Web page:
News 1986

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Cambridge Darkroom & Kettle’s Yard

2 March – 6 April 1986

Belfast Zoo III, silver gelatin print, toner, oil pastel and torn paper, 25cms x 25cms, 1983 ©Victor Sloan

Around the time that we met to select the work for next :tomorrow I was bringing to a conclusion an extended rewrite of a paper on postmodernism in the visual arts that I had given earlier in 1985 at the ICA. What struck me most forcibly in thinking both about postmodernism and the work for the exhibition was how reluctant artists are today to imagine the future.

We fear the destructive and dehumanising power of technology, and have philosophers arguing that in the postmodern conditions the great Enlightenment narratives of progress have lost their legitimation. ‘Techno-science’ has taken on a momentum of its own, or so it seems, at the very moment when fashion and mass culture has become a hysterical re-cycling of the past (Punk has already been rejected as a past style in a recent issue of The Face – when we catch up with ourselves we will literally have to go ‘back to the future’!).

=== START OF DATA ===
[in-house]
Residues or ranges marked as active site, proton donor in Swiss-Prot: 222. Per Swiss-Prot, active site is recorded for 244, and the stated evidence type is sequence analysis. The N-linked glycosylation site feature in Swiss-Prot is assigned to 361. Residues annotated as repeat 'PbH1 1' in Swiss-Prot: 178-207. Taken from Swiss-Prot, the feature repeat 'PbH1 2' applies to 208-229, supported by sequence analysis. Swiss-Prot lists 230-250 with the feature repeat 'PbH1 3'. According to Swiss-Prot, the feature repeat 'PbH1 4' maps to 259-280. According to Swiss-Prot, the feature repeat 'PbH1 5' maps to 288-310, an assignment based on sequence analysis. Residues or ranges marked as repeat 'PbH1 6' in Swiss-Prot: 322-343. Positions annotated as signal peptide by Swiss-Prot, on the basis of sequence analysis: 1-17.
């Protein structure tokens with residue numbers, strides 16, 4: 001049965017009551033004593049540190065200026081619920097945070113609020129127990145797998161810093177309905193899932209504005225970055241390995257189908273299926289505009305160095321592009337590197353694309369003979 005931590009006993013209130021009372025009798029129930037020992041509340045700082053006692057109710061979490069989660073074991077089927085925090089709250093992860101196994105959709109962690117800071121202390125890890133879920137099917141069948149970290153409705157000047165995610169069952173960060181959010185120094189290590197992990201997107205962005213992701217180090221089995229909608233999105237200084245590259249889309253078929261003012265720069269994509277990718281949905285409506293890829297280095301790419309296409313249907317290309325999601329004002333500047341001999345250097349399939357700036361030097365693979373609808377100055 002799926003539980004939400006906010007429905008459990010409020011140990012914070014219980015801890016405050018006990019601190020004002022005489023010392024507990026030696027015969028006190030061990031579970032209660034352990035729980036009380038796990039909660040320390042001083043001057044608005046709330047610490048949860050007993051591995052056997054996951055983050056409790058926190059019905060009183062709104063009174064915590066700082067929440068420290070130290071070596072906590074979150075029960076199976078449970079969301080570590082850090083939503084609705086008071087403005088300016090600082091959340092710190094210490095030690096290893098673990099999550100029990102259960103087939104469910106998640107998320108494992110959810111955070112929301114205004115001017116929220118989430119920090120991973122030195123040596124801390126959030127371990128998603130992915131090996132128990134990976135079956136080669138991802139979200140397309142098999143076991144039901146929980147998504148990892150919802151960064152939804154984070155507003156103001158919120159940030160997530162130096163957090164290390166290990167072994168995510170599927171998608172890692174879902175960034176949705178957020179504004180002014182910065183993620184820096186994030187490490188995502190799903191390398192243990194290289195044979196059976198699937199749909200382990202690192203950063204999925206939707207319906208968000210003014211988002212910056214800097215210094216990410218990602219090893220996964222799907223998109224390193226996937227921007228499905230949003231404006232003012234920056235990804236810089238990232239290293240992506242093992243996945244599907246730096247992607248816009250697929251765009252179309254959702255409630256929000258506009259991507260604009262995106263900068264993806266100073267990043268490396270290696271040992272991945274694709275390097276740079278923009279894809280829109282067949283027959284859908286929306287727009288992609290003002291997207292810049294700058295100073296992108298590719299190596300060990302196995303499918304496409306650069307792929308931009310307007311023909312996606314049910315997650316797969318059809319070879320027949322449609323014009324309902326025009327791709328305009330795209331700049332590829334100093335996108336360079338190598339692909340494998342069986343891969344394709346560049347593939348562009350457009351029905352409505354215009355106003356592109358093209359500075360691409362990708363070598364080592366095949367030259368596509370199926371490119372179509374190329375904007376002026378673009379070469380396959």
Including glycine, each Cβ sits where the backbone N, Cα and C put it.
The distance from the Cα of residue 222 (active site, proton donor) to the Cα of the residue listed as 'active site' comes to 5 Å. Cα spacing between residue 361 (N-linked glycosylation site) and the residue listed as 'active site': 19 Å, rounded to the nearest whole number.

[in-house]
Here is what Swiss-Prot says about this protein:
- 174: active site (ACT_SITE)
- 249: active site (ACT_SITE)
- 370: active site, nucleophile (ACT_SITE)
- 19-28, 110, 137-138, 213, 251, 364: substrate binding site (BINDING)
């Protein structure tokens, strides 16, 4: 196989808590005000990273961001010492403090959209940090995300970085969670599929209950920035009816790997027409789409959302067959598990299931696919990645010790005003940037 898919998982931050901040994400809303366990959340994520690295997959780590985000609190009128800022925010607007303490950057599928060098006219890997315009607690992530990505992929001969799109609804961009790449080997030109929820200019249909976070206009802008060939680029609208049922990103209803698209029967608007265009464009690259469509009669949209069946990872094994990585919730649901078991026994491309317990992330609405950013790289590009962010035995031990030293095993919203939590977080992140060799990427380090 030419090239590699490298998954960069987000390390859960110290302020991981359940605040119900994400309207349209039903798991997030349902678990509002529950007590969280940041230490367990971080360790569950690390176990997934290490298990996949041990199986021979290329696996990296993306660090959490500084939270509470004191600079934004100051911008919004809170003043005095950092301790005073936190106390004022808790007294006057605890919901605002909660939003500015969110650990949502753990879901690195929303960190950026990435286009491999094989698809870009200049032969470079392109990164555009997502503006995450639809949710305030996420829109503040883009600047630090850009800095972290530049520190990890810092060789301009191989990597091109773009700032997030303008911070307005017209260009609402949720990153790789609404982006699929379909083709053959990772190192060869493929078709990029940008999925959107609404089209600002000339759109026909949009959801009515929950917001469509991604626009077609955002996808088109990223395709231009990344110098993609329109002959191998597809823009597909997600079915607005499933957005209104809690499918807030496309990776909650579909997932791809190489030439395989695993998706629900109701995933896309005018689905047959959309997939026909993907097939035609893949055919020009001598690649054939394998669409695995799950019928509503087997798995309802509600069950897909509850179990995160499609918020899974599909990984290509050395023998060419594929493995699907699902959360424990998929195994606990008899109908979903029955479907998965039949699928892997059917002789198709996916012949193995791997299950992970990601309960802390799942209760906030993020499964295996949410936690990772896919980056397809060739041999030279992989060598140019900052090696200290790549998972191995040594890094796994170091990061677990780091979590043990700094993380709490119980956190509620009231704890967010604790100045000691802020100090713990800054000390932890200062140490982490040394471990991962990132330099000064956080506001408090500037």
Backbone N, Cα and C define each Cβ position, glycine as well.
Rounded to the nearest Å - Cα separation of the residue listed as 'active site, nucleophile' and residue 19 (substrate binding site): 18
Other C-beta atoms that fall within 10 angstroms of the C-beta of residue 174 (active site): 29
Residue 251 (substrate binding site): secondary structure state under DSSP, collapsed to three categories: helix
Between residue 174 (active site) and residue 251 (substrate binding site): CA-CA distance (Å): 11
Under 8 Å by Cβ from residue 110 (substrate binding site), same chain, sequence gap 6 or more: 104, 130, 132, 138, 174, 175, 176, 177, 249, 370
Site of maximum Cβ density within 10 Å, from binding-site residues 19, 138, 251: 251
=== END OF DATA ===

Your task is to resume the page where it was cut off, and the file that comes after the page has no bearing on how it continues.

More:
Shortly after finishing the essay on post-modernism I bought a microcomputer. Even after only a few days of wordprocessing, I realized that the microcomputer will bring about as great a revolution in consciousness as the invention of printing. I read recently in a computer magazine that in a few years every child (presumably in the technologically ‘advanced’ countries) will have a portable IBM AT (a powerful microprocessing computer) in their satchel. Data in a computer exists in a quite different way to print: it is fluid, infinitely transformable, dematerialized. In a way it feels closer to the thought in your head than writing or print, which is always identified also with an object ‘out there’. The computer, or perhaps more accurate the program, becomes a part of you, a mental prosthesis. Or is it that you become part of it? Culture is slow to react to new metaphors which are becoming available to define our identities as human beings. I look forward to seeing the next next: tomorrow, ten years on. In the meantime, this was my conclusion to ‘Revising Modernism, Representing Postmodernism’: